Throughout history, professional athletes have been penalized by teams, leagues, and the law for using cannabis. Below are some high profile examples that show how serious such actions have been taken in the world of professional sports.
- 2004: Running Back Ricky Williams is banned from the National Football League for 4 games after testing positive for marijuana. He then withdrew from the NFL due to his cannabis policy (before his eventual return) and was suspended for a full year in 2006 after testing positive again.
- 2015: Jon Singleton, a top prospect for the Houston Astros of Major League Baseball at the time, was downgraded and banned from 100 games after testing positive for marijuana three times.
Professional sports are an example of how the treatment and attitudes of cannabis use are constantly changing across America. With education on cannabis and its benefits, we see a relaxation of the laws and regulations on cannabis use by employers for their employees. We hope that this will continue to develop in a positive direction with further training.
Cultiva Law is one of the leading cannabis law firms in the country, committed to advancing the cannabis industry through education and representation. The company supports the advancement and development of the treatment of cannabis use by the US professional sports industry.
Limitations are easing
More recently, the US professional sports industry has shifted towards easing restrictions and penalties on cannabis use. The following is a breakdown of the current state of cannabis in various American professional sports leagues:
In 2019, the NFL announced several new steps to better understand cannabis and its cannabinoids, including a desire to learn about various CBD delivery systems and how products like food, oil, and vaporizers help players as potential pain management tools can. The Pain Management Committee met with cannabidiol manufacturers to learn more about their potential, effects, and benefits.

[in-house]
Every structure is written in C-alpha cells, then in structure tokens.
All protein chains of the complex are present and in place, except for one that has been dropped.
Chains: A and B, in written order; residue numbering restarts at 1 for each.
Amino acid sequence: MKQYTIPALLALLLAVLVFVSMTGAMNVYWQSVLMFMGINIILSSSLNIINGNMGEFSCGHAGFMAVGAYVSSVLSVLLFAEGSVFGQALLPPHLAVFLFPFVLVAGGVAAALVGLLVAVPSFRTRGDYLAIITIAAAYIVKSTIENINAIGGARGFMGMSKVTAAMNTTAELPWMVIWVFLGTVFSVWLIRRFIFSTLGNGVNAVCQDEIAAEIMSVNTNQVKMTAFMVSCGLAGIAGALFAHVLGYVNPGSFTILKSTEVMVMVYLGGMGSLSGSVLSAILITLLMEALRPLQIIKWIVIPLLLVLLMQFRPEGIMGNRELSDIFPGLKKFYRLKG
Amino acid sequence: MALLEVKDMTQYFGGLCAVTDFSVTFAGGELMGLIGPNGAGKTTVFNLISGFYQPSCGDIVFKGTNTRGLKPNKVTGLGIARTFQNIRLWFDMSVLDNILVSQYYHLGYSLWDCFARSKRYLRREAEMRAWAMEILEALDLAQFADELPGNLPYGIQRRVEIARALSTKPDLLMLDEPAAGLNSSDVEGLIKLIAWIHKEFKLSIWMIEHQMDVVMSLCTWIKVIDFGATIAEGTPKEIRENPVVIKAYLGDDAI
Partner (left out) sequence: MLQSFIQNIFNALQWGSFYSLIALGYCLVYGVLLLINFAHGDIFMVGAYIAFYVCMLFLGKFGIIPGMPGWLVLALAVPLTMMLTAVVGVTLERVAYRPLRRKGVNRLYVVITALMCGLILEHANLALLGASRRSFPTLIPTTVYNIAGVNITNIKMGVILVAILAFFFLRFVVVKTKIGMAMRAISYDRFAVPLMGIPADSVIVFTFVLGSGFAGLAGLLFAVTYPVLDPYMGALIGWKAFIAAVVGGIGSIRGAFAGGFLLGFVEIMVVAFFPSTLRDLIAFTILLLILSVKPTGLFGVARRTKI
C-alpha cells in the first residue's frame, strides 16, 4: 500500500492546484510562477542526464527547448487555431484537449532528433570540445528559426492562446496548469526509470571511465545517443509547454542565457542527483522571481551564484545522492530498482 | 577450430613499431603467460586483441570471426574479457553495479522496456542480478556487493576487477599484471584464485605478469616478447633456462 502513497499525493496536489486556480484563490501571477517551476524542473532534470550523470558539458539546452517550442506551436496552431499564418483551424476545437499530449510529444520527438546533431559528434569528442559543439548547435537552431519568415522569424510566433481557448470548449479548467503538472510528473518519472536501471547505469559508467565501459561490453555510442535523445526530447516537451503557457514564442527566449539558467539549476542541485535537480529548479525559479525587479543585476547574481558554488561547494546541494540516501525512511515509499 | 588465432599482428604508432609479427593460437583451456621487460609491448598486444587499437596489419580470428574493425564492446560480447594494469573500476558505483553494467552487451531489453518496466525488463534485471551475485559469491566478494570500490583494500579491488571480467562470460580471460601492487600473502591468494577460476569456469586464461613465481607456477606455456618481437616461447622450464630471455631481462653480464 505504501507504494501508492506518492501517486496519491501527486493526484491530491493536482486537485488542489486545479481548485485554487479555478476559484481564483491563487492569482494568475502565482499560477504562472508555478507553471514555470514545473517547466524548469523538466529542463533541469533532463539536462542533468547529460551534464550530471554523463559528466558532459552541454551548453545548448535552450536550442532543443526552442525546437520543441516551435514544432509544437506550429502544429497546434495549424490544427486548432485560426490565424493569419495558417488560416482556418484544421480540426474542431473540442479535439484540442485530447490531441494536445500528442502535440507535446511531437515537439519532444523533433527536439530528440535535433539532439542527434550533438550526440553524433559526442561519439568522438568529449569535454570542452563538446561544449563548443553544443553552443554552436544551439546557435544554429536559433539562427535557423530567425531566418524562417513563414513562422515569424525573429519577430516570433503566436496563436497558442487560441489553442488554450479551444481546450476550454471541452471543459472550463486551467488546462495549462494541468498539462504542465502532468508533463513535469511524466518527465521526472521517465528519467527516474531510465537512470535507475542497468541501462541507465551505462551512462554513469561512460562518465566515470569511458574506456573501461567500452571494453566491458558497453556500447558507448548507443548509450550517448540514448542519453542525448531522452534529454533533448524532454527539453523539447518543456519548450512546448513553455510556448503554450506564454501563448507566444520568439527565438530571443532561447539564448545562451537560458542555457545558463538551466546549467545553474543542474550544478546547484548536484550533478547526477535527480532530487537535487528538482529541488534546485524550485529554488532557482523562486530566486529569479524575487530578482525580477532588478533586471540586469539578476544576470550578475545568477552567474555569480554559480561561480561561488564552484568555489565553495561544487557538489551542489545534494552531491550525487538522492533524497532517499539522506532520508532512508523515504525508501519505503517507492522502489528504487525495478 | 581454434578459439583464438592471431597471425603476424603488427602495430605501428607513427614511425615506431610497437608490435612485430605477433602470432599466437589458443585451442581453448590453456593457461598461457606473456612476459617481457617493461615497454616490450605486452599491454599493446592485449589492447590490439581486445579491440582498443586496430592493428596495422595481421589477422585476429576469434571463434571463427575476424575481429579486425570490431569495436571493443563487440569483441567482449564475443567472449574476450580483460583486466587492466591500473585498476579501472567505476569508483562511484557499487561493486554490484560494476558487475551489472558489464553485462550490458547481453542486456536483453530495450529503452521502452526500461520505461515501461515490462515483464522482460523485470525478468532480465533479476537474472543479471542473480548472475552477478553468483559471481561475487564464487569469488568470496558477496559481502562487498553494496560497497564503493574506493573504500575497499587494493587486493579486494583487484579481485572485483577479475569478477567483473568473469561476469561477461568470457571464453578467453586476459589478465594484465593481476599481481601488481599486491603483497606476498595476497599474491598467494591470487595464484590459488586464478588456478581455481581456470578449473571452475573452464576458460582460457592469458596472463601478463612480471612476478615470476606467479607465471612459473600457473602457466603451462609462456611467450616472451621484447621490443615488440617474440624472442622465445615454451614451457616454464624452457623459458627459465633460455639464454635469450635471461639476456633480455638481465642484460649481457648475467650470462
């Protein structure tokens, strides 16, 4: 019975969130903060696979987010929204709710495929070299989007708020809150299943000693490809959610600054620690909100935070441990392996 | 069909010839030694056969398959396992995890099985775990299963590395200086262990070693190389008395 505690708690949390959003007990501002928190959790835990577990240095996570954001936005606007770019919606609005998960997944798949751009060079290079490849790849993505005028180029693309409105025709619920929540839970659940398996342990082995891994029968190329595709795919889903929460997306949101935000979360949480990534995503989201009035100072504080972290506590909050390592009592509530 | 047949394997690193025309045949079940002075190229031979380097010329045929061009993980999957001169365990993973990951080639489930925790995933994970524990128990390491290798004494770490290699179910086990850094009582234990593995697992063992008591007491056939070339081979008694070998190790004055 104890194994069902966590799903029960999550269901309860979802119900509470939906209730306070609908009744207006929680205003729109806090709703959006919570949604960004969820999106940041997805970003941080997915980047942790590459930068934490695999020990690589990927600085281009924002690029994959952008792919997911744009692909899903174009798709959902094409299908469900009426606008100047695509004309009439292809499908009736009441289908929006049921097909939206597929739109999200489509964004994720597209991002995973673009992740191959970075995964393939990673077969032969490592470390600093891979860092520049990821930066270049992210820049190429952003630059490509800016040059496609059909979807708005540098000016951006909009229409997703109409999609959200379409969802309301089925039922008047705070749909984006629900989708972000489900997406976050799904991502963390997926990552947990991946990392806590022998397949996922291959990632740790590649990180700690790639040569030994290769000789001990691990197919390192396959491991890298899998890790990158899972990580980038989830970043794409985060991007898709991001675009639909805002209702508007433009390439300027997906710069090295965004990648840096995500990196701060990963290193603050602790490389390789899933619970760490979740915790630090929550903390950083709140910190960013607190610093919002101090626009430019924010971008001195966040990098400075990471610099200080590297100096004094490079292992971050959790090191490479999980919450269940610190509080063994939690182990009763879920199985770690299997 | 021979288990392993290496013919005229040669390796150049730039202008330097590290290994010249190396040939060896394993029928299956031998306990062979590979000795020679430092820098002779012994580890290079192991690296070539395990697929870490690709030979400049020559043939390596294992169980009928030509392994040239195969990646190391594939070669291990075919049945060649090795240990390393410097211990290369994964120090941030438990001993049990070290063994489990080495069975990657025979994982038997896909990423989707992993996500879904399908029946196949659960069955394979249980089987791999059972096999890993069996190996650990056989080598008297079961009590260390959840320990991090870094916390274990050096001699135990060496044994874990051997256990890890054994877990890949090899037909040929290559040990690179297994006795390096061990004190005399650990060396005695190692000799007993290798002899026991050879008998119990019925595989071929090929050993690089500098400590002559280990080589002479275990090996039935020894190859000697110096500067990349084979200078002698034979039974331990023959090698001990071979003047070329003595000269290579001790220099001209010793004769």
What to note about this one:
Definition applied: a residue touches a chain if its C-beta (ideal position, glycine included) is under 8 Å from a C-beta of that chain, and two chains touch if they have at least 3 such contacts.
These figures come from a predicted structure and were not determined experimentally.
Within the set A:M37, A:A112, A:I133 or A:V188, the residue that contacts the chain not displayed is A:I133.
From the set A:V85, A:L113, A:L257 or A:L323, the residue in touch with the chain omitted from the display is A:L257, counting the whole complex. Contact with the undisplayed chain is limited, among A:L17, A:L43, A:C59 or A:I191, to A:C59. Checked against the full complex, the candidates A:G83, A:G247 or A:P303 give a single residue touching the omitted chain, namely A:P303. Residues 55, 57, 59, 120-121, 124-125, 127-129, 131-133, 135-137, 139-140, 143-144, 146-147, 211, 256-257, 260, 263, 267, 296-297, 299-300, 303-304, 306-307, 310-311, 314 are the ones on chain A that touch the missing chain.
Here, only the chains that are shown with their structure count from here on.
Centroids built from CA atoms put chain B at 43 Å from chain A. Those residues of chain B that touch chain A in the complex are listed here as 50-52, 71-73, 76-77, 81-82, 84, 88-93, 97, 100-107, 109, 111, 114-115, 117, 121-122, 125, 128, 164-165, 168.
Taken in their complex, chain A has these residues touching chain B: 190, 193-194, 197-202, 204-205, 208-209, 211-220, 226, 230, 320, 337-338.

In 2020, the NFL and NFL Players Association agreed on a new 10-year collective agreement that included a positive shift in the treatment of cannabis use by players. Under the agreement, players can no longer be banned from testing positive for THC. In addition, the threshold rose from 35 nanograms of THC to 150 nanograms in the first two weeks of the training camp.
While cannabis use is still banned by the National Basketball Association, cannabis drug testing has been suspended for the current 2020-2021 season due to “the unusual circumstances of the pandemic”.
If an NBA player tests positive for cannabis under normal circumstances, the player must be under an anti-drug treatment program for their first injury. The player then receives a fine for the second violation and a five-game suspension for no payment for their third violation.
In December 2019, Major League Baseball announced that it had reached an agreement with the Players Association to remove cannabis, THC, and CBD from the league’s list of substance abuse. According to the MLB, from February 2020, “marijuana-related behavior will be treated the same as alcohol-related behavior,” which includes mandatory assessment, voluntary treatment and possible discipline depending on behavior (the commissioner warned players not to show up to practice or get intoxicated Games).
In addition, it was announced in 2019 that minor league baseball players would no longer be tested for cannabis and that cannabis would be removed from the list of prohibited substances. Players who test positive for cannabis will be admitted to a drug abuse treatment program, but will not be excluded from games.
The National Hockey League no longer classifies cannabis as a prohibited substance, but continues to test for THC levels. If an NHL player tests positive there is no penalty. However, if abnormally high levels of THC are found, the league’s doctors recommend treatment.
On January 14, 2021, the UFC and the United States Anti-Doping Agency announced that they would no longer punish athletes who tested positive for THC. Previously, athletes were tested before a fight. Now, under the new change, fighters who test positive will not be penalized.
Advocacy and education
Great strides have been made in punishing cannabis use by sports teams and leagues. Another advocacy of easing restrictions and promoting the benefits of cannabis for professional athletes can only help players succeed.
Cultiva Law is fueled by the advances professional sports organizations are making in treating cannabis use in the United States. The firm’s dedicated legal team hopes to represent future ex-professional athletes in their second career as entrepreneurs in the cannabis industry.